NEW YORK–At a May 24 press briefing for the upcoming special session of the United Nations focusing on the progress of women worldwide, Betty E. King spoke briefly about the laws and policies U.S. women enjoy that women of other nations might urge their governments to emulate.

King, the U.S. representative to the U.N.’s economic and social council, cited one U.S. law in particular that she thought the women of the world would be most interested in: The Violence Against Women Act of 1994.

King did not mention, however, that just 11 days before, the U.S. Supreme Court voided a key provision of the law. Moreover, the opinion was the latest in a string of decisions that have raised profound concerns among a host of advocates ranging from civil rights activists to attorneys for the disabled about the future of a host of laws passed during the past 30 years.In a case that arose from an alleged rape of a college student by two football players, the court, by a 5 to 4 vote, ruled that victims of gender-based violence had no right to sue their attackers in federal court.

This ruling has ominous implications for women’s rights and civil rights in general, said Kathryn Rodgers, president of the NOW Legal Defense and Education Fund, which represented the plaintiff, Christy Brzonkala and served as Congress’s principal technical adviser. (NOW LDEF funds Women’s Enews.) Not only is much of civil rights law based on the Congressional power to regulate interstate commerce, but also the decision could have a chilling effect on the willingness of Congress to take action on women’s rights and civil rights, she said.

“Congress did its job,” Rodgers explained. “It identified a problem and amassed the evidence and created a very targeted and effective solution. This court has thrown us back to the 18th century and the notion that states have more power than the federal government.”

The feature of the law that gave women the right to sue their attackers in federal court had wide support among the states. Thirty-six states, as well as Puerto Rico, signed a brief in support of the VAWA, said Jennifer K. Brown, director of the Reproductive Rights Unit in the New York Attorney General’s Office, a coauthor of the brief. In addition, 21 states produced reports documenting that victims of gender-based violence faced widespread barriers in both criminal and civil state courts. These barriers included antiquated laws, reluctance on the part of police and prosecutors to arrest and prosecute and the tendency of judges and juries to give less credence to the testimony of women.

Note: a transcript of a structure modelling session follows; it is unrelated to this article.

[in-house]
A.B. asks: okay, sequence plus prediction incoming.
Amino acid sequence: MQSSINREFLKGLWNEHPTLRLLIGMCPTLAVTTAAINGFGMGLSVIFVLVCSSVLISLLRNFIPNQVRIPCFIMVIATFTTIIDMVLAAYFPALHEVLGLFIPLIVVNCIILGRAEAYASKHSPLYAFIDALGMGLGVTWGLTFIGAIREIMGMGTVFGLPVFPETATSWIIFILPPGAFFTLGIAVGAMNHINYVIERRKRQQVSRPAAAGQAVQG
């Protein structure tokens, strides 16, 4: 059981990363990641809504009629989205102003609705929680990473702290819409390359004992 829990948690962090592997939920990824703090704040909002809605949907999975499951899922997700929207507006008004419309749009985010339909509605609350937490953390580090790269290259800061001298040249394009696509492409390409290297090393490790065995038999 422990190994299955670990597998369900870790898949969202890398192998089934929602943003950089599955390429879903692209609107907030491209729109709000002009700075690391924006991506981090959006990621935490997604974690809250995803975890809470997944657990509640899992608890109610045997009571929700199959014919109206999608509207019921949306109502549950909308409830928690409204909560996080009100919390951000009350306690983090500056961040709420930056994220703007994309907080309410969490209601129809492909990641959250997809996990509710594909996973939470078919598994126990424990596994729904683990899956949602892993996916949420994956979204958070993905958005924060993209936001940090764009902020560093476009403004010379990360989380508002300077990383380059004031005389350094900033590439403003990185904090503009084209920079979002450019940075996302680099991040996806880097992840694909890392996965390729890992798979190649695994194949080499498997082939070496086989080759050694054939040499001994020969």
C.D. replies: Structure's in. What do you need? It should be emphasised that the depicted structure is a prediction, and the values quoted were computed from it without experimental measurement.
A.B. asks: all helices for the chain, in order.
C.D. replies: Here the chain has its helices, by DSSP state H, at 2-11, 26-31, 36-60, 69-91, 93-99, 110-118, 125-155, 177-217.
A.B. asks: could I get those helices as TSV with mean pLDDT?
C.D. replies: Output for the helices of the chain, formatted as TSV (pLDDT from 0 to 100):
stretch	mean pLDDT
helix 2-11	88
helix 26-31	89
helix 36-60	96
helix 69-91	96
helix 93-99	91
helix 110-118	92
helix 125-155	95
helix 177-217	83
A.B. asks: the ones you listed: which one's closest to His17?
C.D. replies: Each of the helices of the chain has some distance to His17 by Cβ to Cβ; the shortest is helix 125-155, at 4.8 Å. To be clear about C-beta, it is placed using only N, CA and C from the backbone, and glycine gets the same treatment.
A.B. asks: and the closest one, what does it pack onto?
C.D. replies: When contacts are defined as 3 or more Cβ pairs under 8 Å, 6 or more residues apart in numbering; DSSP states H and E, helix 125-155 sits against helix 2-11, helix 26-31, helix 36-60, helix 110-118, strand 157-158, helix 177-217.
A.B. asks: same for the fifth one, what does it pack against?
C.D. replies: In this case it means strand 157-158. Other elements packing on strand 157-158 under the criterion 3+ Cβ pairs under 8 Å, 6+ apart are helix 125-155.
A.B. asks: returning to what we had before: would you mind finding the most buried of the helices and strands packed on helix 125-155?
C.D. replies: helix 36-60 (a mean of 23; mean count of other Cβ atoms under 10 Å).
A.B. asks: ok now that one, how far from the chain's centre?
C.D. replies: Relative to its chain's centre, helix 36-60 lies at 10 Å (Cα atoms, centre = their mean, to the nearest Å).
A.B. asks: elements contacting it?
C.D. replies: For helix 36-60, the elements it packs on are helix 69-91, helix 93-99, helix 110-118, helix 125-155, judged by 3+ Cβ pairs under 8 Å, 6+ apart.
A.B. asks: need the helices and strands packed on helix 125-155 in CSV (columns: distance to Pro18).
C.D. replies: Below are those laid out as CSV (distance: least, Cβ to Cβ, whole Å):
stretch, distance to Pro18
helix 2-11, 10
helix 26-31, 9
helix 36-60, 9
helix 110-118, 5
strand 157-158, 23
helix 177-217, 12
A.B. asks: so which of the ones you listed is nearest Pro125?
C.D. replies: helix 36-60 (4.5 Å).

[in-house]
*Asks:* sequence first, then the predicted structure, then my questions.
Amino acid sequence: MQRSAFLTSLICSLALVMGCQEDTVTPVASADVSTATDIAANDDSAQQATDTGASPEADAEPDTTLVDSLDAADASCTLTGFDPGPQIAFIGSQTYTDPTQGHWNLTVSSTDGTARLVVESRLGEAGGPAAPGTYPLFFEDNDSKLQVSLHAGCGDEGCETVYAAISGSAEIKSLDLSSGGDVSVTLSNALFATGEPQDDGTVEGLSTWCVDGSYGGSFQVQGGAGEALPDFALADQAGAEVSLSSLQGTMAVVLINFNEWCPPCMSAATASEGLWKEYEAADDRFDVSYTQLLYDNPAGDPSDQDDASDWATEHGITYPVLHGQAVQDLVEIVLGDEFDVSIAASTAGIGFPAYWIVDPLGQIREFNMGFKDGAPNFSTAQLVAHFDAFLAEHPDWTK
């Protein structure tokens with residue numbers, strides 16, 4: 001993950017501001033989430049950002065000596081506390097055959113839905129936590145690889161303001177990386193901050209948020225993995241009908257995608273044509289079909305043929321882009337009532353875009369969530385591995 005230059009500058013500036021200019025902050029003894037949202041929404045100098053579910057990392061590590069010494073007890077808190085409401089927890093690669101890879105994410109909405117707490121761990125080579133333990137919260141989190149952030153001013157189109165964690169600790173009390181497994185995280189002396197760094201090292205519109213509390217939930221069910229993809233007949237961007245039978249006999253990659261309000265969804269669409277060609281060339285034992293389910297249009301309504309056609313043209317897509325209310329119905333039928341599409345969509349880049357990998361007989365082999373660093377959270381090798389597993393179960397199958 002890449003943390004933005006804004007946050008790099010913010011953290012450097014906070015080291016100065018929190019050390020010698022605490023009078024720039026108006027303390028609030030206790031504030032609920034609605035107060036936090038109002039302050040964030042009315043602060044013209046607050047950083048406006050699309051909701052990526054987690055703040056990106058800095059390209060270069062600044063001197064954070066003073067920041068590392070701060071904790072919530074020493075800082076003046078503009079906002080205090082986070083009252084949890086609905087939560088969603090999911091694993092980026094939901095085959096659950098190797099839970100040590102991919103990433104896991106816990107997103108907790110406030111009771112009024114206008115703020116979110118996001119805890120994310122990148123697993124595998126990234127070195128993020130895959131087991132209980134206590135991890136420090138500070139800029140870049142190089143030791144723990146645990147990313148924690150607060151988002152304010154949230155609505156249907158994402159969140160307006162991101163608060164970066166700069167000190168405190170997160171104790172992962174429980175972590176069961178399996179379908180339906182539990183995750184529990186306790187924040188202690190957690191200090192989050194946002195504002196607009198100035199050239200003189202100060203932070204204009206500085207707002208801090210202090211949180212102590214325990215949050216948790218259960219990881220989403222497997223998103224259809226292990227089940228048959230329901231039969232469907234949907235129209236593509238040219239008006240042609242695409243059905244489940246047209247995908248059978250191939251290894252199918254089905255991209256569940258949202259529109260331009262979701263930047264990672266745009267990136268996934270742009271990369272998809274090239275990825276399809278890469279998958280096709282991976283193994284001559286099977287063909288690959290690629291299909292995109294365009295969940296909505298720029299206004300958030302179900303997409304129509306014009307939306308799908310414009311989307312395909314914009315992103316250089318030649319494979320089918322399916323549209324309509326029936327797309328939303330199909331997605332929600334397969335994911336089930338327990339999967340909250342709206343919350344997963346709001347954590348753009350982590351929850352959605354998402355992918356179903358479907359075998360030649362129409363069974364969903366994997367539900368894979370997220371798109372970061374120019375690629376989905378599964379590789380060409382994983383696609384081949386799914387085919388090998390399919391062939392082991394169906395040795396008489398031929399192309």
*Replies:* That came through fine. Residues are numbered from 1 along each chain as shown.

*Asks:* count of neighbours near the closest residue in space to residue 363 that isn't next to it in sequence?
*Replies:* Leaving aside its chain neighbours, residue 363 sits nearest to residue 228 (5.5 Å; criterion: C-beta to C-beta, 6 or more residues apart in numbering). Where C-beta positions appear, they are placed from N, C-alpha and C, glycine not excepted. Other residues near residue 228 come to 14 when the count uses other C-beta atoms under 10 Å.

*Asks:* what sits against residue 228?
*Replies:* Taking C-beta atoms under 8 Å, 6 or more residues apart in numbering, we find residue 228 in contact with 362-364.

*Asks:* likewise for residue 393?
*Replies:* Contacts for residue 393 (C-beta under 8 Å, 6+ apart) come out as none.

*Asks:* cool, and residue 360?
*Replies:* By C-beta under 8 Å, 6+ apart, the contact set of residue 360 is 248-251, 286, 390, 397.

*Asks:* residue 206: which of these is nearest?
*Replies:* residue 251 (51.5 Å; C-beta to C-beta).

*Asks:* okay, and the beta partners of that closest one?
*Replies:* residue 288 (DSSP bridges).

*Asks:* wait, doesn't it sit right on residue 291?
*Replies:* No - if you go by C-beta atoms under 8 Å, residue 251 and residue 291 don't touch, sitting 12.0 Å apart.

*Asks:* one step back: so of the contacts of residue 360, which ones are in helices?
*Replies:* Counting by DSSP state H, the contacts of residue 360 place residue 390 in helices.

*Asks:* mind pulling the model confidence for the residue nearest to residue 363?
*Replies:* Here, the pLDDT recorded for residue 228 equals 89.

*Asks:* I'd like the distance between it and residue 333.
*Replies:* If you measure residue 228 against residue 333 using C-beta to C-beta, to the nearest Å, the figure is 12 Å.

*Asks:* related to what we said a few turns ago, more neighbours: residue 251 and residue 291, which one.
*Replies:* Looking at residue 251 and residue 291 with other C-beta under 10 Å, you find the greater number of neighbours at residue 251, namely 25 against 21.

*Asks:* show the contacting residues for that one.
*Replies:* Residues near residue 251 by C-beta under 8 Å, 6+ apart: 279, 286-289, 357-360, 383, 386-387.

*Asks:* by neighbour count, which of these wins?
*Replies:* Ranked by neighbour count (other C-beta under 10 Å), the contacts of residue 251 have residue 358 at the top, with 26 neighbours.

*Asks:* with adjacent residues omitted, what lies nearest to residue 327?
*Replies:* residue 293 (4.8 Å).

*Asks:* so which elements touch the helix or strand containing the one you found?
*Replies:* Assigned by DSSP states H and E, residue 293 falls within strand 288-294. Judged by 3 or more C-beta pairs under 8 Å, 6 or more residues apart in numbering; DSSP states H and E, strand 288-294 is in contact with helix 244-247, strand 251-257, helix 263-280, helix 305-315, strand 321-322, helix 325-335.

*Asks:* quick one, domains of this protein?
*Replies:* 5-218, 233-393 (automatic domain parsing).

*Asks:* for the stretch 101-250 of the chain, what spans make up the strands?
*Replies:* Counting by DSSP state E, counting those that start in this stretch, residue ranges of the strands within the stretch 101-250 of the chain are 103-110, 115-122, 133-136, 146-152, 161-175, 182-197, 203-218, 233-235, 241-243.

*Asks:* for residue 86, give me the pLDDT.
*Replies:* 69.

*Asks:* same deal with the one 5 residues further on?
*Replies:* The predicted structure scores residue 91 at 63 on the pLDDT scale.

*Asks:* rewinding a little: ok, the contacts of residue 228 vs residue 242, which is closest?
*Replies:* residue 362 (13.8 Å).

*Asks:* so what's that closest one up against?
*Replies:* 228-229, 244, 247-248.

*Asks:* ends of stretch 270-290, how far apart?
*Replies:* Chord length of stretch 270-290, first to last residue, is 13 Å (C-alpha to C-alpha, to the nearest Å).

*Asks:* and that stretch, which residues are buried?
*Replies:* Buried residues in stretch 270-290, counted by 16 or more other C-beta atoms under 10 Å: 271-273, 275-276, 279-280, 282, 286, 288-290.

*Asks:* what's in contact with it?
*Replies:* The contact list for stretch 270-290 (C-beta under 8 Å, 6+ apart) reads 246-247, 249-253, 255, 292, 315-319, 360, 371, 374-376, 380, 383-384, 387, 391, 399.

Congress claimed it had the right to permit access to the courts in cases involving gender-based violence under its power to regulate interstate commerce. As part of the legislative process before the law was passed, Congress amassed a large amount of data itemizing the huge economic costs of gender-based violence and estimated it to be more than $3 billion per year.

But the court rejected this claim, since the activity itself–in this case, rape–was not specifically economic, even though the victim dropped out of college and has not returned.

“Gender-motivated crimes of violence are not, in any sense of the phrase, economic activity,” said Chief Justice William H. Rehnquist, in the majority opinion.

The court also rejected the argument that the law was permitted under the Fourteenth Amendment’s promise of equal protection to all citizens. Referring to a series of court decisions dating back to the post-Reconstruction Era in the 1870s – ones that severely limited the civil rights of newly freed slaves–the Court ruled that the private conduct of individuals–in this case, the alleged rapists–fell outside the scope of the Amendment.

Linda Hirshman, a lawyer and professor of philosophy and women’s studies at Brandeis University in Massachusetts, says the decision may mean that victims of gender-motivated violence could have no legal recourse if their local legal systems deny them equal protection.

“Most women’s issues are only remotely connected to the market,” Hirshman said. Furthermore, she added, women are usually victimized at the hands of private individuals– husbands, fathers, boyfriends and acquaintances. By narrowly defining the meaning of “commerce” and excluding acts by private individuals from the equal protection clause of the Fourteenth Amendment, Hirshman added, women suffering gender-based violence could end up with “nowhere to turn.”

Other legislation based on Congressional interstate commerce authority and the Fourteenth Amendment equal protection clause might be vulnerable, such as the 1994 Freedom of Access to Clinic Entrances Law, which bars protestors from blocking access to abortion clinics, said New York’s assistant attorney general Brown.

To date, the Rehnquist court, increasingly split 5 to 4 on civil rights issues, has ruled that the federal government has no authority to enforce federal laws barring states from age discrimination in the workplace. The same reasoning could be applied to the disabled, added Yale law professor Jack Belkin.

All four of the judges who voted with Rehnquist are Republican appointees. To Brandeis’s Hirshman, this underscores why women, before they go to the polls next November, need to remember that the next president will, in all likelihood, fill the next vacant seat on the Supreme Court.

“This is one of those rare occasions in which this election will determine the composition of the Supreme Court,” she said. “The real story is that this election is about nothing much except who gets to appointed to the Supreme Court of the United States.”